With hotel occupancy and revenue growth down overall, it will take some creative thinking to navigate the unchartered economic waters of 2009. Most hotel properties already scaled back on staff and expenses last year. But what to do next? Tough times call for innovative ideas, proactive planning, and daily financial monitoring. They call too for motivating and retraining staff to continue excellent service for loyal customers and to attract new ones. And it means keeping up the property and grounds to maintain attractiveness. Inviting ambiance and top-notch service draws customers. A property must continue to shine - especially in lean economic climes. Read on...

Steven Belmonte

It's hard enough to not worry about our future as we sink into a deepening recession but from these trying times come glimmers of hope from very determined and creative people. Let's face it, when the going gets tough, the tough needs to pull itself up from the bootstraps and get going. And the best way to do that is to out smart your competitor and find creative ways to market your property. I've put together a list of some tools that can be used to help hoteliers make it through the next few years. Read on...

Sanjay Nijhawan

There are two ways of dealing with a severe economic downturn. One is to withdraw - pull back and wait it out. That's the "let's hope and pray" approach. The other is to view the circumstances as opportunity - not to simply forge ahead doing what we've done in the past but the chance to find creative solutions to new realities while remaining realistic about the bottom line. Read on...

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Coming up in April 2019...

Guest Service: A Culture of YES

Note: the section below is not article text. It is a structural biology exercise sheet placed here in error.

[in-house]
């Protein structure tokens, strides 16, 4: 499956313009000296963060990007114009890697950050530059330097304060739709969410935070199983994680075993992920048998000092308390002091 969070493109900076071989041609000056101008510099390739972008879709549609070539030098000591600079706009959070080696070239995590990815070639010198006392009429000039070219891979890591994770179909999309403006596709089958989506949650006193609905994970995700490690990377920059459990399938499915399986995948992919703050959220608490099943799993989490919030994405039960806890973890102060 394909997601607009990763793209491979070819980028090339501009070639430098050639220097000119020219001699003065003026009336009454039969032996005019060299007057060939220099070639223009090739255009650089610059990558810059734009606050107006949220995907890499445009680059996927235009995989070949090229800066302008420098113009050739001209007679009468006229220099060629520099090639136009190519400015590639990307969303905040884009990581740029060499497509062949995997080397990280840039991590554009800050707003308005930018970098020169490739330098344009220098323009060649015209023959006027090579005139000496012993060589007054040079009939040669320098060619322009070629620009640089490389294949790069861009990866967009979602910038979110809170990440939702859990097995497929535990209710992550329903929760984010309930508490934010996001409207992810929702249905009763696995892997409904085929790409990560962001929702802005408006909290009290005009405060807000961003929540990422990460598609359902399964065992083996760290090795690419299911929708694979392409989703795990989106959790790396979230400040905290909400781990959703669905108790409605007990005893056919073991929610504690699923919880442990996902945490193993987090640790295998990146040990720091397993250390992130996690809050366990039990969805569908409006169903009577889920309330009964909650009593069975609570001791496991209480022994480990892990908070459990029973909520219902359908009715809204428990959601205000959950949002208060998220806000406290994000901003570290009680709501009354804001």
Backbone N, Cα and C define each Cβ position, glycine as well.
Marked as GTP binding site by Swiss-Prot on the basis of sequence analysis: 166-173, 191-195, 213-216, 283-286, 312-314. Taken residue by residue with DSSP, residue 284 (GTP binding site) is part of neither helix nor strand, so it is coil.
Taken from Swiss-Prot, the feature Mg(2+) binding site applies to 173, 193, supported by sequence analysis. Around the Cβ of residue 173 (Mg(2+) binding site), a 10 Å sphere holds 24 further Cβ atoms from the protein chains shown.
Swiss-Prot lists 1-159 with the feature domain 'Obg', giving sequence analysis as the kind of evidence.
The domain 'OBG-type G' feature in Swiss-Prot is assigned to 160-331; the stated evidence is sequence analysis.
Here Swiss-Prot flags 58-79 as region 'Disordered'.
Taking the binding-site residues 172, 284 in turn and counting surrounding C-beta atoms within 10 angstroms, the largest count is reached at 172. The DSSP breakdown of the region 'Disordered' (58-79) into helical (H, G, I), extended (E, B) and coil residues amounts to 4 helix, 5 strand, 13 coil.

In a recent global consumers report, 97% of the participants said that customer service is a major factor in their loyalty to a brand, and 76% said they view customer service as the true test of how much a company values them. And since there is no industry more reliant on customer satisfaction than the hotel industry, managers must be unrelenting in their determination to hire, train and empower the very best people, and to create a culture of exceptional customer service within their organization. Of course, this begins with hiring the right people. There are people who are naturally service-oriented; people who are warm, empathetic, enthusiastic, pleasant, thoughtful and optimistic; people who take pride in their ability to solve problems for the hotel guests they are serving. Then, those same employees must be empowered to solve problems using their own judgment, without having to track down a manager to do it. This is how seamless problem solving and conflict resolution are achieved in guest service. This willingness to empower employees is part of creating a Culture of Yes within an organization.  The goal is to create an environment in which everyone is striving to say “Yes”, rather than figuring out ways to say, “No”. It is essential that this attitude be instilled in all frontline, customer-facing, employees. Finally, in order to ensure that the hotel can generate a consistent level of performance across a wide variety of situations, management must also put in place well-defined systems and standards, and then educate their employees about them. Every employee must be aware of and responsible for every standard that applies in their department. The April issue of the Hotel Business Review will document what some leading hotels are doing to cultivate and manage guest satisfaction in their operations.